Over the network it does not matter what file system is used on the hardware drive, because the computer hosting the drive (making it available through the network) will access it. Your Mac will just make generalized requests over the network for files, folders, etc. and the host will access the file system and serve the files. Network requests are ...
You need sudo to perform the write to /etc/fstab and not the echo. Try:
echo "xyz" | sudo tee -a /etc/fstab > /dev/null
I added the > /dev/null to suppress the echoing of the long UUID (which I abbreviated "xyz" for clarity's sake). You can skip the > /dev/null part and it will function the same as the command you listed.
Install fuxe4x and ntfs-3g
brew install fuse4x && brew install ntfs-3g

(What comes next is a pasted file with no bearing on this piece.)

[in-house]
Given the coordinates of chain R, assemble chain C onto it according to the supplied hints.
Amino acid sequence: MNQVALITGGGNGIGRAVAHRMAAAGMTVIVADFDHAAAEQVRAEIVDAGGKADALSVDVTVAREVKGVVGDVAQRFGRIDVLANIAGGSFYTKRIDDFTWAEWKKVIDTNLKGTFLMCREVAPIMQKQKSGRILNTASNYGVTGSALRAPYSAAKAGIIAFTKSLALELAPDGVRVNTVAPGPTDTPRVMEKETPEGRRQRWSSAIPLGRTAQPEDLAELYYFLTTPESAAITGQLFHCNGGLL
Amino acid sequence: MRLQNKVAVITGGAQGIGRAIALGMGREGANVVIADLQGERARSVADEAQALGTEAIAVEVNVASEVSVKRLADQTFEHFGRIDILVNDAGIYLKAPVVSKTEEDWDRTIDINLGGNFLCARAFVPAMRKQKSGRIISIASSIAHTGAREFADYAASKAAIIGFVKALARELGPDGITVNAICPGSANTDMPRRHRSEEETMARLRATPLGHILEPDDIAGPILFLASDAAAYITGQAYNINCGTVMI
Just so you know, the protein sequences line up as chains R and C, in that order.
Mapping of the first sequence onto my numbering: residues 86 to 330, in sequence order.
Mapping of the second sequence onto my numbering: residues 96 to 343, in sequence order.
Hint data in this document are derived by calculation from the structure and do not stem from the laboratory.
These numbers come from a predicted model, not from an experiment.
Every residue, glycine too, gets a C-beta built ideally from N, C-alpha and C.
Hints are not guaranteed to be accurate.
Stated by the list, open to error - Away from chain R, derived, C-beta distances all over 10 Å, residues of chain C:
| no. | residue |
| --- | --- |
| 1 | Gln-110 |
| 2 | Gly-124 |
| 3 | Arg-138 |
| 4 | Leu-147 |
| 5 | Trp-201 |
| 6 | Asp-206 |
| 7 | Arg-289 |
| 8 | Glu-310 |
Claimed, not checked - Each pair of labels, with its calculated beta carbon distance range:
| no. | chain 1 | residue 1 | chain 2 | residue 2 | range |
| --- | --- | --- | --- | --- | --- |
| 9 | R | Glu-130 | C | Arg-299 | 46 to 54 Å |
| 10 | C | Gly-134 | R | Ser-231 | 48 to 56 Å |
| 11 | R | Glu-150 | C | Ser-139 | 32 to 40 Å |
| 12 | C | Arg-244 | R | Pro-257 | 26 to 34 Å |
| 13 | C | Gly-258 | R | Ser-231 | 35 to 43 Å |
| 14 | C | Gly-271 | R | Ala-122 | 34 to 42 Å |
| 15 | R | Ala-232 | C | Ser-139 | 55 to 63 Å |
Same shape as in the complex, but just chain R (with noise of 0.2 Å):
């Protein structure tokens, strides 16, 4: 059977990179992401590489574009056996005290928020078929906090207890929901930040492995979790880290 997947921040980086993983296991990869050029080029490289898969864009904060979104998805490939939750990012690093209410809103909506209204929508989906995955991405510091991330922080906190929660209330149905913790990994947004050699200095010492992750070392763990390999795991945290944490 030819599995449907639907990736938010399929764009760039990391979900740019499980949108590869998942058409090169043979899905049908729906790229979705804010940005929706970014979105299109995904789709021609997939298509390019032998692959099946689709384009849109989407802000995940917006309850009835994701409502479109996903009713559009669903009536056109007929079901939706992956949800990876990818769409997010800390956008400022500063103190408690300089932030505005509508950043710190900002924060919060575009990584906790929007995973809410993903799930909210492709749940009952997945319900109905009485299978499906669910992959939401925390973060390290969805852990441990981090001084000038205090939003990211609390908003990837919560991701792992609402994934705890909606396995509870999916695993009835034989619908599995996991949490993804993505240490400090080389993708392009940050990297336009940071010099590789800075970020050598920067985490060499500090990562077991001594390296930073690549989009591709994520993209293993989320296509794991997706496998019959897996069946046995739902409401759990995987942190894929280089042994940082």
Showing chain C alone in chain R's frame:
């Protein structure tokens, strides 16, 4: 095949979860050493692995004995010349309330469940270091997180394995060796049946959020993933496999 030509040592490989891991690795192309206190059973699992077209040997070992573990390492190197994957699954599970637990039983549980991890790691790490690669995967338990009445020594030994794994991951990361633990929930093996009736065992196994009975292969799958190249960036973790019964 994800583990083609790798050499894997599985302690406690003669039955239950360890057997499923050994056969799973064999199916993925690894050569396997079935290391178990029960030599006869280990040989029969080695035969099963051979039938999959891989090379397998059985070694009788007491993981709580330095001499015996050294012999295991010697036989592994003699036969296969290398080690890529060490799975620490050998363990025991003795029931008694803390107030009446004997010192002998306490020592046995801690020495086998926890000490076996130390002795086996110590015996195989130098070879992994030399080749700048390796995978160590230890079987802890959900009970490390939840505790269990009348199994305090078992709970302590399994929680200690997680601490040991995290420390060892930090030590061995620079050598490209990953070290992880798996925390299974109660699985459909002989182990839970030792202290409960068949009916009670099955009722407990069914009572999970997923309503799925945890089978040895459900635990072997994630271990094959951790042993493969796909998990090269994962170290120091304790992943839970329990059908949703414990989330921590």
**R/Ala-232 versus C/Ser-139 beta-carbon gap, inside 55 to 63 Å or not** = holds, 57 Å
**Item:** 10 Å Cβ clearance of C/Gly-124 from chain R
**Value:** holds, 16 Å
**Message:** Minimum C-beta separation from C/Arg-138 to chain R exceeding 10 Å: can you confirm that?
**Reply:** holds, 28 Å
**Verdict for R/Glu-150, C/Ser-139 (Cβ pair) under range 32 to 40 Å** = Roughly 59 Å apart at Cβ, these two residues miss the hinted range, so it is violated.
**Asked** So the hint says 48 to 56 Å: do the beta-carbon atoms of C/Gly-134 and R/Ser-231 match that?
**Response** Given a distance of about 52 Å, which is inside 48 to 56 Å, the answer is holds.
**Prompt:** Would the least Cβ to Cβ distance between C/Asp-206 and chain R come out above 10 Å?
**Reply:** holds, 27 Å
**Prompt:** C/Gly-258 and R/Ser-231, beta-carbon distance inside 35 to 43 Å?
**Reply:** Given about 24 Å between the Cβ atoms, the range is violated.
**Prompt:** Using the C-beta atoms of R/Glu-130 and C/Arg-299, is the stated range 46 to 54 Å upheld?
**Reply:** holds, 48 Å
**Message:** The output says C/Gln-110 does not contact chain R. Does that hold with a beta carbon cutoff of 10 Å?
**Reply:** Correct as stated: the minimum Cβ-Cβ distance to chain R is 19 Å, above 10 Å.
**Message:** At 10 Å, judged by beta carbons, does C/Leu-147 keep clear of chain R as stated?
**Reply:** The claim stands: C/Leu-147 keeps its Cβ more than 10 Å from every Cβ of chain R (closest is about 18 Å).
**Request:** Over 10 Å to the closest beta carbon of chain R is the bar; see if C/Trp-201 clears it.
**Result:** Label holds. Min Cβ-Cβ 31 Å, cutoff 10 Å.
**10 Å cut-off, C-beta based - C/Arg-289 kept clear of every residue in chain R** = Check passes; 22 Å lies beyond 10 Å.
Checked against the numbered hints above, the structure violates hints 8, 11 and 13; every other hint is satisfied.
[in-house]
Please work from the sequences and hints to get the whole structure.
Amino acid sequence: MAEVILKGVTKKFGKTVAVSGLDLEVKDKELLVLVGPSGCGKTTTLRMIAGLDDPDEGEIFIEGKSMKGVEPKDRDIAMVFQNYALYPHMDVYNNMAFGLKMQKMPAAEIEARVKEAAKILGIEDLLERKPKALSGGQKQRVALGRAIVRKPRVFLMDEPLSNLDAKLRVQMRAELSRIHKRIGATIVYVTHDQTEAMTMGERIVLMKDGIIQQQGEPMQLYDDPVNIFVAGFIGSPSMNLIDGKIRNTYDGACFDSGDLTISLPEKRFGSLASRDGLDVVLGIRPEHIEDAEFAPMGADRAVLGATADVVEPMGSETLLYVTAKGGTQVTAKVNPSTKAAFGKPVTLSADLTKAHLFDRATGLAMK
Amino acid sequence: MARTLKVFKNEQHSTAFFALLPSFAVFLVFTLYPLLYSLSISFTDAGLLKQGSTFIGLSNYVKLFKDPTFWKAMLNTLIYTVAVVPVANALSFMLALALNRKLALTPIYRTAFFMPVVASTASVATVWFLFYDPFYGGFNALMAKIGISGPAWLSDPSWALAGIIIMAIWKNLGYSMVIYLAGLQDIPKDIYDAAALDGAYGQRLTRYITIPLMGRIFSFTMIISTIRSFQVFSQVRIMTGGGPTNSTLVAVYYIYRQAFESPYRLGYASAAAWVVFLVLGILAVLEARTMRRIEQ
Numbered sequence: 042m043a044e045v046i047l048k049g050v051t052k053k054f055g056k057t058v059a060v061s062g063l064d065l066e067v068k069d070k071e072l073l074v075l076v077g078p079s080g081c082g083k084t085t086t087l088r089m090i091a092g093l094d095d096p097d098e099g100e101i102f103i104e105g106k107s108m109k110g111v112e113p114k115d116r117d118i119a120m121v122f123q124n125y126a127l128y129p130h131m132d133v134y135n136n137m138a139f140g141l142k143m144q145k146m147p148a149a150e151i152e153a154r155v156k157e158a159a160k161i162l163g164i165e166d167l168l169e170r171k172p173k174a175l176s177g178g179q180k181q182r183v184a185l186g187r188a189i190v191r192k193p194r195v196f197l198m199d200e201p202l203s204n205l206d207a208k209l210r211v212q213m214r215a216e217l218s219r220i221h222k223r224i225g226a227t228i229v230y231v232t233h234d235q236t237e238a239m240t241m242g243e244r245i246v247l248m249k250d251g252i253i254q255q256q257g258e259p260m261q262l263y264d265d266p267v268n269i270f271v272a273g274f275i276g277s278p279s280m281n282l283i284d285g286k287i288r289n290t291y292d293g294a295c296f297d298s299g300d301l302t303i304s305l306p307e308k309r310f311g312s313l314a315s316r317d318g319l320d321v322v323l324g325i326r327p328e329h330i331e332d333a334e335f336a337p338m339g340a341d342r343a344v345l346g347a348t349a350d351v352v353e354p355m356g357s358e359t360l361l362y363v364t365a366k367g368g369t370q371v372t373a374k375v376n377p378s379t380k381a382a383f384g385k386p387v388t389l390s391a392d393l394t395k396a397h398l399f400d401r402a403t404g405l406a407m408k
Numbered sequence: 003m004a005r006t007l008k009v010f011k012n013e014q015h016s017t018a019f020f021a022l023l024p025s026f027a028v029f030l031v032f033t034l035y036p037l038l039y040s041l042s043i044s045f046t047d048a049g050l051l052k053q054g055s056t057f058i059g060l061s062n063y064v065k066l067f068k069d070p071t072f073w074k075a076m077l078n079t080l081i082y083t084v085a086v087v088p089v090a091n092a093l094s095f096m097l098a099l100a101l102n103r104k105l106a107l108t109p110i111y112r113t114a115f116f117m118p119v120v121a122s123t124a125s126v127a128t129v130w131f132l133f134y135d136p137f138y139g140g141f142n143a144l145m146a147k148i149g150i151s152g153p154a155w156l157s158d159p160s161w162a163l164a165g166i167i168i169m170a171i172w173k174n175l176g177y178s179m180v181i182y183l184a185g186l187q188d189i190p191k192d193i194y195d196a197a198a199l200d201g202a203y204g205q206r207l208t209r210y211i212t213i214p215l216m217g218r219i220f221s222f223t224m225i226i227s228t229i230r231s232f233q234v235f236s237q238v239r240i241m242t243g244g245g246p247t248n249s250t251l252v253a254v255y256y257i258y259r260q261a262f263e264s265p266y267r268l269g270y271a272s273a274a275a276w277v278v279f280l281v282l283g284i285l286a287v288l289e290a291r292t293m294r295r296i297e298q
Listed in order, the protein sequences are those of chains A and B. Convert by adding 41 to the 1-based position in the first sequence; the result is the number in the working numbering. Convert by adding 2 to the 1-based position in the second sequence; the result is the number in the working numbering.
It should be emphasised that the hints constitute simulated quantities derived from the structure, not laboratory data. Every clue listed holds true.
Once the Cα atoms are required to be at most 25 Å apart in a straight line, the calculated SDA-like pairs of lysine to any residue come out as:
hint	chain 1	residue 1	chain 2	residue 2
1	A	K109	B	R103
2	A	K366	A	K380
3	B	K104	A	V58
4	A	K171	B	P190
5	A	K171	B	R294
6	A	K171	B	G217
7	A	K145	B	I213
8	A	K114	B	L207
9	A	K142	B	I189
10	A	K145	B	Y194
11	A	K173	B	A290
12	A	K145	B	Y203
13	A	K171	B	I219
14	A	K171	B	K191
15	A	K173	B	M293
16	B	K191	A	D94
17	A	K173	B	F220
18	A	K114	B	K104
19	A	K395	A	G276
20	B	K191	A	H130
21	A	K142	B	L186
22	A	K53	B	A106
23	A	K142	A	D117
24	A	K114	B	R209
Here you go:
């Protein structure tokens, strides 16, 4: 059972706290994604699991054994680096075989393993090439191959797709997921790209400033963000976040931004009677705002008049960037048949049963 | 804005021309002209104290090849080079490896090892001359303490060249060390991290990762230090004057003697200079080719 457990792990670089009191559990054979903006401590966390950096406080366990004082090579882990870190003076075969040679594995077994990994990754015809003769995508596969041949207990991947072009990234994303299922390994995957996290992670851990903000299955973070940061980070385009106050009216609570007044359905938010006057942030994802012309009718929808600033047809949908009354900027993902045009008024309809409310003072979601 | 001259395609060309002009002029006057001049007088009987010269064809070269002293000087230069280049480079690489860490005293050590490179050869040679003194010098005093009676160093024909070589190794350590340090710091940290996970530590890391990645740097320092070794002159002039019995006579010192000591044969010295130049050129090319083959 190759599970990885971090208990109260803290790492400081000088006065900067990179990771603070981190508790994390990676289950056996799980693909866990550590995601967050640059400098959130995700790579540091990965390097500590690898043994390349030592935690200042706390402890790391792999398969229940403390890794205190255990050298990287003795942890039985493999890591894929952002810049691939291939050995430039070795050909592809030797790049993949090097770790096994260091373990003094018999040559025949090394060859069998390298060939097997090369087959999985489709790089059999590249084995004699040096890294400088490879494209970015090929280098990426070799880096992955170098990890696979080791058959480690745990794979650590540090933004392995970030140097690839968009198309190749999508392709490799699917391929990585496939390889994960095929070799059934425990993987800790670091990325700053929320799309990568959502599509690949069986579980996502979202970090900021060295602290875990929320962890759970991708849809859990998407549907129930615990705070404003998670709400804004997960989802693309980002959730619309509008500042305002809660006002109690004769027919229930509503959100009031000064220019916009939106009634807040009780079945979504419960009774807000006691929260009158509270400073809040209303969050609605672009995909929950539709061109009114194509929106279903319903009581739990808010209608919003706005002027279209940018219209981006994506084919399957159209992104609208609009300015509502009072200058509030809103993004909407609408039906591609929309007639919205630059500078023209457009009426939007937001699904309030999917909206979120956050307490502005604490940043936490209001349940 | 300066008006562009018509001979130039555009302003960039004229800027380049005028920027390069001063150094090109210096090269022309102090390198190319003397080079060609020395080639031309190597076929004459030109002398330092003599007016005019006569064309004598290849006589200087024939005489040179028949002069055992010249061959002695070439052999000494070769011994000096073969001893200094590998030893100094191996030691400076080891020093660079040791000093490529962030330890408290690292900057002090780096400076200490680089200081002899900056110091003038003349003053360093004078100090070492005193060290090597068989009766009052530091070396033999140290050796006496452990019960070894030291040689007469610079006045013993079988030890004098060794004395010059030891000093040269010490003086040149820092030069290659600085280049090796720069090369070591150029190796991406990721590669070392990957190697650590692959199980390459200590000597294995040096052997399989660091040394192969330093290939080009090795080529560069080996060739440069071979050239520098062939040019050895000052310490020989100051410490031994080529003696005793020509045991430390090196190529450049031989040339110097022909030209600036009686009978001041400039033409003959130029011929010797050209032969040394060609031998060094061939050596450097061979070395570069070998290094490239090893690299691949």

Replace (with backup) the mount_ntfs:
sudo mv /sbin/mount_ntfs /sbin/mount_ntfs.orig
sudo ln -s /usr/local/sbin/mount_ntfs /sbin/mount_ntfs
Get info on fuxe4x-kext
brew info fuse4x-kext
You should be given two lines based on your version that ...
I certainly don't speak for Apple, but to me a simple reason is that any code that Apple ships is installed across the globe and the code could have vulnerabilities, bugs or worse in it. Even perfect code has support costs associated with integration and end user support. Unless you want to pick a specific library, let's assume the popular OSS packages are ...
In order to remove MacFUSE, you can following this guide. So:
Access the root account: sudo su
Execute uninstallation scripts:
Additionally you can ...
Run these commands to show hidden files
defaults write com.apple.finder AppleShowAllFiles -bool TRUE
These for hiding
defaults write com.apple.finder AppleShowAllFiles -bool FALSE
Note: f in com.apple.finder is small & F in Finder is capital.